Author Delilah Dawson recently stirred things up in the writing world with a blog post, “Please shut up: why self-promotion for an author doesn’t work,” which you can read here.
In a nutshell, Dawson makes the argument that marketing has become both more difficult to do and saturated such as that it doesn’t have the same effect. The result is authors turn up the volume, creating more noise.
I have to say I both agree and disagree.
I’m old enough to remember back when the marketing stuff I did was cutting edge. Not cutting edge as in original–Marketing 101 is always the best way to go at least as a foundation–but cutting edge as in that kind of thing wasn’t something authors normally did. I recognized at the time that I was with a small press with limited resources, and the best thing I could do would be to promote my own stuff.
So I did a blog, social media, a little advertising, email list, giveaways, conventions, contacting reviewers, book trailers, some other things. At the time, I think it had a real impact.
Now everybody seems to be doing it, so it’s harder to reach new readers.
That, and it’s getting harder to be heard. In particular, Facebook used to be a great way to connect with fans and prospective readers. Then Facebook decided to start blackmailing its users, making them pay for their posts to be more visible to their friends. That really sucked.
I was surprised by how quickly the landscape changed. The good thing is more authors than ever get it–that whether you self publish or you’re with a Big 5 publishing house, you have to promote your work. The bad thing is that it’s now harder to break through all the noise.
Dawson sums up a formula for success: “The recipe seems to be GREAT BOOK + HARD WORK + TIME + LUCK.”
I’ve been saying the same thing for years. People would ask me, “How did you do it?”
First, “doing it” is always temporary. The hard thing about professional writing is fortunes come and go. It’s a long game, and it’s a hard one.
Second, many authors give an answer that can be basically summarized, “Here’s what I did. Do that, and you’ll get published. Easy!”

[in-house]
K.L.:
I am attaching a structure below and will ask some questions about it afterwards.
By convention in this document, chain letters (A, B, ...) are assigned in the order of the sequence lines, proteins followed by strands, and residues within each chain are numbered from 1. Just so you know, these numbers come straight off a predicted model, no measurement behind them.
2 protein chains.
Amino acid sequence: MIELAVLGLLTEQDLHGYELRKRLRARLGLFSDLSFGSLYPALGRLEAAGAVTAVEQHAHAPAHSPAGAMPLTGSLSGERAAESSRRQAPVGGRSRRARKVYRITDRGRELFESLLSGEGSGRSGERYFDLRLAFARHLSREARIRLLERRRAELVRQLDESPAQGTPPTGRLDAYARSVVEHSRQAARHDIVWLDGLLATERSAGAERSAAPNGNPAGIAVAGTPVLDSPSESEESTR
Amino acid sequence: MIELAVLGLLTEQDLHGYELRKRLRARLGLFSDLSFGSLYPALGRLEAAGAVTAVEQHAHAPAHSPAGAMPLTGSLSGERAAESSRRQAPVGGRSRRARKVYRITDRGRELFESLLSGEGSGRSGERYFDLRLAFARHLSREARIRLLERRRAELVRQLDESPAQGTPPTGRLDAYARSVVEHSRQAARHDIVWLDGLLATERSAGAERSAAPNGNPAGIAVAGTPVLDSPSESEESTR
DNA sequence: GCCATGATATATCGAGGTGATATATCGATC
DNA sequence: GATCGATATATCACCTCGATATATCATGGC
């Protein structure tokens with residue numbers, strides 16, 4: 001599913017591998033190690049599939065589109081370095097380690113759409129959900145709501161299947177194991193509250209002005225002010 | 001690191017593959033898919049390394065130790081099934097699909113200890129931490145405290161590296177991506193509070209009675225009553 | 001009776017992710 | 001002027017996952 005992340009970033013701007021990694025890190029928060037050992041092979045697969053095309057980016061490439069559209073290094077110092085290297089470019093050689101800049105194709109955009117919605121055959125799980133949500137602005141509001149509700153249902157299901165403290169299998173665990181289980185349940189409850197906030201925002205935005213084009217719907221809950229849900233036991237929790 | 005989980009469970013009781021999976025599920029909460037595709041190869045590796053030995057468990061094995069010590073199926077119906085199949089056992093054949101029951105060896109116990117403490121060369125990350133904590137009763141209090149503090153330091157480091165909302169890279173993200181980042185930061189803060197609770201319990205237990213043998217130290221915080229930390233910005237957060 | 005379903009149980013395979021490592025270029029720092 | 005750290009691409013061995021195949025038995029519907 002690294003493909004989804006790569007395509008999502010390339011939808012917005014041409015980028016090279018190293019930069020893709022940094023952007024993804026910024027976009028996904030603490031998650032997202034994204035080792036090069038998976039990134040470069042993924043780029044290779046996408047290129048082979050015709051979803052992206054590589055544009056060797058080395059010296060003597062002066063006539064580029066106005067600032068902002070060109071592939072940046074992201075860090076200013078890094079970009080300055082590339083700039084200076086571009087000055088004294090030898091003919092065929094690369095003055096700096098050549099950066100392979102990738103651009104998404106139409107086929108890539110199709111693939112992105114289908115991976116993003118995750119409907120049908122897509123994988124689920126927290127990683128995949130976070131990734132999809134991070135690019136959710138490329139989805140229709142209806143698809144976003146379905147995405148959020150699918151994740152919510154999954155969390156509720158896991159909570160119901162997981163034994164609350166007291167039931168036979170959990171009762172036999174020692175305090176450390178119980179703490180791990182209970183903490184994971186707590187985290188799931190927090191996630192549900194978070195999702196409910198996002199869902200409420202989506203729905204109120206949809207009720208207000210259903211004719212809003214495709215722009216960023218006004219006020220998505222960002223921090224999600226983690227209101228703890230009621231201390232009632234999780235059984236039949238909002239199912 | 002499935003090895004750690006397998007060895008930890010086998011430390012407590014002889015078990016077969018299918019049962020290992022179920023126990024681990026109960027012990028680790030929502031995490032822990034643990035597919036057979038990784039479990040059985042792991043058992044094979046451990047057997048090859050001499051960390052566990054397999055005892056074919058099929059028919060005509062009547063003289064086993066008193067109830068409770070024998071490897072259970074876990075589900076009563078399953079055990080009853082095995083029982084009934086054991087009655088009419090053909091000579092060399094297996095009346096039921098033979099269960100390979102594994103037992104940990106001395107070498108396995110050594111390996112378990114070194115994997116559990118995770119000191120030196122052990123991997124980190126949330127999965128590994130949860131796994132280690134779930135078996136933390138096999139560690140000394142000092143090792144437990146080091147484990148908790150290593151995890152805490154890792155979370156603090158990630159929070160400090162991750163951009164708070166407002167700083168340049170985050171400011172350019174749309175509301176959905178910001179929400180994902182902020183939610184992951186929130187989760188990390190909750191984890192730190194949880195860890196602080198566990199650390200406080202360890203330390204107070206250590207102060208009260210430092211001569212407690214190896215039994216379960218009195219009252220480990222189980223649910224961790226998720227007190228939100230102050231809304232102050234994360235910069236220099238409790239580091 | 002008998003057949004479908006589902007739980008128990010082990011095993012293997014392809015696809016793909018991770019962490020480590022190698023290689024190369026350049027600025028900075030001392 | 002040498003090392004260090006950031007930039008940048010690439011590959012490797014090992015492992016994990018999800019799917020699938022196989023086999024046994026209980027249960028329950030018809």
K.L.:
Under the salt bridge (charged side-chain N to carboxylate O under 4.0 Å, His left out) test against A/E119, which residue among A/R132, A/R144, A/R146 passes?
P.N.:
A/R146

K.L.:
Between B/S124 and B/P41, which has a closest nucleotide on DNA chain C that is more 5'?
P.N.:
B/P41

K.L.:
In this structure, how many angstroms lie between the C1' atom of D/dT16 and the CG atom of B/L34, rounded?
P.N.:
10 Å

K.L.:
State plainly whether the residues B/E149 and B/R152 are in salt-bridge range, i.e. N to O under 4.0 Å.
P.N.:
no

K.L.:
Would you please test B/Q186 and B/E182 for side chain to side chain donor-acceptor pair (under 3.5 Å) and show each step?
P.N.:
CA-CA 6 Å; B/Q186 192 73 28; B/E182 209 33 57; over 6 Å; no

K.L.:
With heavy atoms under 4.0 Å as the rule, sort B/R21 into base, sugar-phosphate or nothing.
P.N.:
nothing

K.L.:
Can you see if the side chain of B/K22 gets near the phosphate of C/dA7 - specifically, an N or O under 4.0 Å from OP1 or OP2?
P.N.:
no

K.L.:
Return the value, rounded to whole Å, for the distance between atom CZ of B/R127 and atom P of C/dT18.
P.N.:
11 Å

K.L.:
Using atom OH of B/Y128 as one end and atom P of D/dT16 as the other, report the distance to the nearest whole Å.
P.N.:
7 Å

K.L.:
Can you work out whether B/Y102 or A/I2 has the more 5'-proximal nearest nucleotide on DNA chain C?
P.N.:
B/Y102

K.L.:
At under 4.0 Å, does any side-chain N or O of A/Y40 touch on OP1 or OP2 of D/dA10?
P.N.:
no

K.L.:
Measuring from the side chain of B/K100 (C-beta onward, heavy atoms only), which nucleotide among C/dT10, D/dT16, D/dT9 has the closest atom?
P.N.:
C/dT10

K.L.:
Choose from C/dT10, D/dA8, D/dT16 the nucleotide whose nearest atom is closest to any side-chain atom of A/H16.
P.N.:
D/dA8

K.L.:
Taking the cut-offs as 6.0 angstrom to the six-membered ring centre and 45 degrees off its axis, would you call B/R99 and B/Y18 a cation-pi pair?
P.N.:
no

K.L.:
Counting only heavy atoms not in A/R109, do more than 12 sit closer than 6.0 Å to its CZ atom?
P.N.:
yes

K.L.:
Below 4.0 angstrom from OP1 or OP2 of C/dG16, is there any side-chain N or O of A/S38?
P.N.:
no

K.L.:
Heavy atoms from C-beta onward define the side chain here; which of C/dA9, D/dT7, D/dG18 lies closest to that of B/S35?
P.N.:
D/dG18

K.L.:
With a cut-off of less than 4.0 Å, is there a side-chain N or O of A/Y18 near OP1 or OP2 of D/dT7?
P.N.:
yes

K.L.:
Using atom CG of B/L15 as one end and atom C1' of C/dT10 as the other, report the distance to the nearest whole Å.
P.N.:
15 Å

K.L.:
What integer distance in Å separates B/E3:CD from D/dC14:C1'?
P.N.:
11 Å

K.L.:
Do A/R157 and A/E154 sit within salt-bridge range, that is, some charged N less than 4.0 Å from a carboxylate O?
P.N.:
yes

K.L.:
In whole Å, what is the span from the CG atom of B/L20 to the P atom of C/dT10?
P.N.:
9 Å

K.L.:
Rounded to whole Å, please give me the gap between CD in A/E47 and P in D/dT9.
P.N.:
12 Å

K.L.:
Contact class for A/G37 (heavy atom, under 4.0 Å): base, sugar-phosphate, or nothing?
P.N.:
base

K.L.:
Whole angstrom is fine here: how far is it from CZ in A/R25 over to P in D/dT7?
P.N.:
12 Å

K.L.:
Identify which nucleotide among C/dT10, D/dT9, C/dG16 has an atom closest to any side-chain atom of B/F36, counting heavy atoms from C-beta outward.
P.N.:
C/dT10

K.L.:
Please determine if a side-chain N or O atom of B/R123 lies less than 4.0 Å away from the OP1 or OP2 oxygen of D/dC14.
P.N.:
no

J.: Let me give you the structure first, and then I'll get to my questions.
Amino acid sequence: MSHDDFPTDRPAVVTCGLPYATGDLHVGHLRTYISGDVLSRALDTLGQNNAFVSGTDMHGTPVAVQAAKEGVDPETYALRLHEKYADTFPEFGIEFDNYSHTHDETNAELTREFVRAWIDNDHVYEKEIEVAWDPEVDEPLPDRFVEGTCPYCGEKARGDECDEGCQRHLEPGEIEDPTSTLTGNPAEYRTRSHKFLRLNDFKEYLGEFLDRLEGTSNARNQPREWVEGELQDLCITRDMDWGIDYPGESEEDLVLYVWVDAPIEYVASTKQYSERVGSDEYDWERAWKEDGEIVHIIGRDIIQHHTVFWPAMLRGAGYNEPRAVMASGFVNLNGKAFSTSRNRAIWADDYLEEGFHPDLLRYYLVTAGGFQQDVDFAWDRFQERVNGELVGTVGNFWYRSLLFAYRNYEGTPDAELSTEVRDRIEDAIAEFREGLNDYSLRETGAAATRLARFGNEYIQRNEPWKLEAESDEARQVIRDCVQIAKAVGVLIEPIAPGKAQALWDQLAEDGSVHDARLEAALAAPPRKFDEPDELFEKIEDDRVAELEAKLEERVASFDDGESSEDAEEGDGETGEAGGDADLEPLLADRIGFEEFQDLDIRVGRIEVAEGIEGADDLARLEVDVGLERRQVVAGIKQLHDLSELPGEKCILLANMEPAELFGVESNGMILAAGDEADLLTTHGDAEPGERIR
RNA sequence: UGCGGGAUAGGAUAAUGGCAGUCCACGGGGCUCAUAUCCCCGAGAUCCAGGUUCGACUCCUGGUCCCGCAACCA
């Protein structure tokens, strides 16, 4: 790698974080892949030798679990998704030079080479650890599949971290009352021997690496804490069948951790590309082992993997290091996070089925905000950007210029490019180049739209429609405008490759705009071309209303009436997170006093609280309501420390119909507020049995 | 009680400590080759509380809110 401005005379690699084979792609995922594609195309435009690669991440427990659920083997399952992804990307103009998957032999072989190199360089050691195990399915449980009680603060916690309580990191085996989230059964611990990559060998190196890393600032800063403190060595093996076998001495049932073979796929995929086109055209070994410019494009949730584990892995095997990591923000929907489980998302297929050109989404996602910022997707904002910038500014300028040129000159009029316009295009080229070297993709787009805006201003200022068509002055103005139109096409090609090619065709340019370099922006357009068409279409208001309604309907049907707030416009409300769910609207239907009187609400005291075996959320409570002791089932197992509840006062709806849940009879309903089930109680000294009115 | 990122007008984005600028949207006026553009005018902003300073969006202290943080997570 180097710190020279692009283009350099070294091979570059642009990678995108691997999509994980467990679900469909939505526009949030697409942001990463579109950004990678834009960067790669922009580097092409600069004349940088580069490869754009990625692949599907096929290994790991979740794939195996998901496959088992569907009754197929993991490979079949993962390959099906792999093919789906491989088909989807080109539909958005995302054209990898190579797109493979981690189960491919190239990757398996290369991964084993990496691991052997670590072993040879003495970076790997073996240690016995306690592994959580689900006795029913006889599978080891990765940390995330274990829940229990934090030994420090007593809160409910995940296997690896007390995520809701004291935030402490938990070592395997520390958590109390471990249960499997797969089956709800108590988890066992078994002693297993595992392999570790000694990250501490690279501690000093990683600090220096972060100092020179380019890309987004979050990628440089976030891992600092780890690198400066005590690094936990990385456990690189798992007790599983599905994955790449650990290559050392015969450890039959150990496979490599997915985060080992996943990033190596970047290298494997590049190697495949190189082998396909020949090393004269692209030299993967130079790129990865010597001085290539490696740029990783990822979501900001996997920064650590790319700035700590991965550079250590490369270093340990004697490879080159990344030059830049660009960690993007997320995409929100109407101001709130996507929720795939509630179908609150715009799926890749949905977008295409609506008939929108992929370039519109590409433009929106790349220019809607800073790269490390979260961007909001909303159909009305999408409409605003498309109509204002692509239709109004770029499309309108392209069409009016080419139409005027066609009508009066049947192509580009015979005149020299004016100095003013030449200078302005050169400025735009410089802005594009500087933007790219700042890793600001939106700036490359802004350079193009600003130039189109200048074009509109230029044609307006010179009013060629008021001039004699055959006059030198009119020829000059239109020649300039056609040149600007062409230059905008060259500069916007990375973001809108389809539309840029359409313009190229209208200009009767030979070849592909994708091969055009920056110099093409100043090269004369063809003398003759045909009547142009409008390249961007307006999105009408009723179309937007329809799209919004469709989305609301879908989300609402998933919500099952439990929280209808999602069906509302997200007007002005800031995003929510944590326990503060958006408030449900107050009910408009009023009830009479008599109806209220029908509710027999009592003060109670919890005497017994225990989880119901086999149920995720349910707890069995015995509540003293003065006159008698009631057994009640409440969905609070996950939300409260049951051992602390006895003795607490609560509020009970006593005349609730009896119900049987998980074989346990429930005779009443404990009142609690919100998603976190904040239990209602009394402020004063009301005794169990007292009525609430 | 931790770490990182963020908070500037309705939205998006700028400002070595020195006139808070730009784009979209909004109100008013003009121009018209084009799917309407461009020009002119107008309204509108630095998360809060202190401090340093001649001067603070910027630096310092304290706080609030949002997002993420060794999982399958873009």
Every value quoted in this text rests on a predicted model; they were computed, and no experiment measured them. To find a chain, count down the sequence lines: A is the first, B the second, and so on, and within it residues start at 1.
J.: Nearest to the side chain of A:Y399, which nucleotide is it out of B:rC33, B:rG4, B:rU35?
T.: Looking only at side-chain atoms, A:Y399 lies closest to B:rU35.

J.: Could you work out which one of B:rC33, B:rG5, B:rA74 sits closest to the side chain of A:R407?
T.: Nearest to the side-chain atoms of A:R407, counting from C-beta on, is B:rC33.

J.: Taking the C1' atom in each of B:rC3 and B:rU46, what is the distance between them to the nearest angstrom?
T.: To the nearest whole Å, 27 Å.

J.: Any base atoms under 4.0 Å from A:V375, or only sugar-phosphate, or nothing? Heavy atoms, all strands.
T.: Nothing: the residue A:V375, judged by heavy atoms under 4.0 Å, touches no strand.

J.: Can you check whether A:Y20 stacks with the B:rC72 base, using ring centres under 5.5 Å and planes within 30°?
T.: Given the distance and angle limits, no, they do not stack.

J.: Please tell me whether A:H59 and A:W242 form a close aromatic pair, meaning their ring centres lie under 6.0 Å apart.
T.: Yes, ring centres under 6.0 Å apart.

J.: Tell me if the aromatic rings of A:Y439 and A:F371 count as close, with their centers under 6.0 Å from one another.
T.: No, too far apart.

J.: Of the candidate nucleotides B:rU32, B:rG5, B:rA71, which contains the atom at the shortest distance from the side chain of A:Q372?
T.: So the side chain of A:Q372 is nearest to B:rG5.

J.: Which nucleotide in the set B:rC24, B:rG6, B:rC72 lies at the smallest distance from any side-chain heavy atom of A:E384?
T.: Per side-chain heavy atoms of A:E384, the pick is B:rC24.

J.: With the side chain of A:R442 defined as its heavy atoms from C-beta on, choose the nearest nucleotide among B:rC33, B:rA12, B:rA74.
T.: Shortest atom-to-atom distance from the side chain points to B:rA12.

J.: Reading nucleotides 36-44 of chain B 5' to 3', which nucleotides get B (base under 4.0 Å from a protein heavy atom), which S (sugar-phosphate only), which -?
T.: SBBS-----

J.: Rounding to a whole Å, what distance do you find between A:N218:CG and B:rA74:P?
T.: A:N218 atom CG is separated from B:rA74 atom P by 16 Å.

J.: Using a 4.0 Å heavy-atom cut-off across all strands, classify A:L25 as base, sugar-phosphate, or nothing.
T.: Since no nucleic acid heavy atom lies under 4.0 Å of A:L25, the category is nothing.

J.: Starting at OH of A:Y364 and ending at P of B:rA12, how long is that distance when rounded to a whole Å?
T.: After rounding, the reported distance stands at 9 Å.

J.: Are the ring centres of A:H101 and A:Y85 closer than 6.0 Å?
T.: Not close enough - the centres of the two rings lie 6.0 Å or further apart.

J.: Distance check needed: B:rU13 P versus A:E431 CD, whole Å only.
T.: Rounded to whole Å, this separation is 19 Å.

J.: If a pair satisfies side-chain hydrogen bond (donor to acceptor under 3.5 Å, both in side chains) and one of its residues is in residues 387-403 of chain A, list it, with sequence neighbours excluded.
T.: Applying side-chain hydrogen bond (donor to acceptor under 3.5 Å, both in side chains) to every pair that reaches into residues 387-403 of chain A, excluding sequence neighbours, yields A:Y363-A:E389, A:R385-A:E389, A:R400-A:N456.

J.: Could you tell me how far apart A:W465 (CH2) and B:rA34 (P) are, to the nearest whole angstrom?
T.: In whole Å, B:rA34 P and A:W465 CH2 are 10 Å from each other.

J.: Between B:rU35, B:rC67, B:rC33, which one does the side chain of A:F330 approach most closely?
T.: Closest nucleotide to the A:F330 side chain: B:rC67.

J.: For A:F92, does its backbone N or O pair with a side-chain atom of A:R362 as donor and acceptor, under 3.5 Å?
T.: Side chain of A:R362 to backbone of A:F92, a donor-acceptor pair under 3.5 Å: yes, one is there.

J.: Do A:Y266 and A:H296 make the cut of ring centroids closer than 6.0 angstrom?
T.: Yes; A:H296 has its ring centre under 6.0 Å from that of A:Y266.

Everybody’s path to publication and decent sales is different. There is no real formula. If there is one, I would offer my variation on Dawson: “Produce a good book, get it out there, and get lucky.”
In this case, “good book” and “lucky” are closely related but not entirely.
Writing a good book is the best marketing you can do. If somebody likes your book, they’ll tell their friends about it. That’s it. That’s the main way books get sold.
Luck comes into play more sharply when you write a good book in a genre that’s taking off or that somehow resonates with the public for some reason. I was lucky to write some zombie books when that genre was about to skyrocket. The books were also good, so they became popular among these readers. Luck can also run against you. SUFFER THE CHILDREN came out from Simon & Schuster in a year horror books took a 23% hit in sales. The title broken even for them in the first six months, making it an average title, but it could have done better.
What Dawson is missing that I include is “get your work out there.” Meaning, sure, everybody’s doing marketing these days for their books, so it’s harder to stand out and build a huge platform. But that doesn’t mean “shutting up” is the answer. The answer is to do it–because you can, it poses very little cost, and it’s a great way to connect and think of your fiction as a business. You’re telling people the book is available. However, authors have to have realistic expectations about its impact. Put your work out there. If it’s good it will sell. If it resonates with the public and exciting in some way such that readers get other readers to buy, then it will sell well.
Dawson got a lot of feedback from her post, prompting a follow up post, “Wait, keep talking: author self promo that actually works,” which you can read here.
To summarize, she says when you do marketing, be genuine, positive, non-repetitive. Yup. Promote without overdoing it. I think seeing constant Facebook posts by authors haranguing people to buy their books prompted her first blog post. She backtracked a bit to saying marketing is good but be good about it. But she offers no magic bullet, no new techniques.
Until somebody comes up with something new, authors just have to expect that there’s more competition out there than ever before, and most of these other writers are to some extent doing marketing.
What’s my advice? I’ll share the advice I gave myself: Stop putting pressure on yourself. Do what you love because you love it. Keep doing it, and always produce quality work.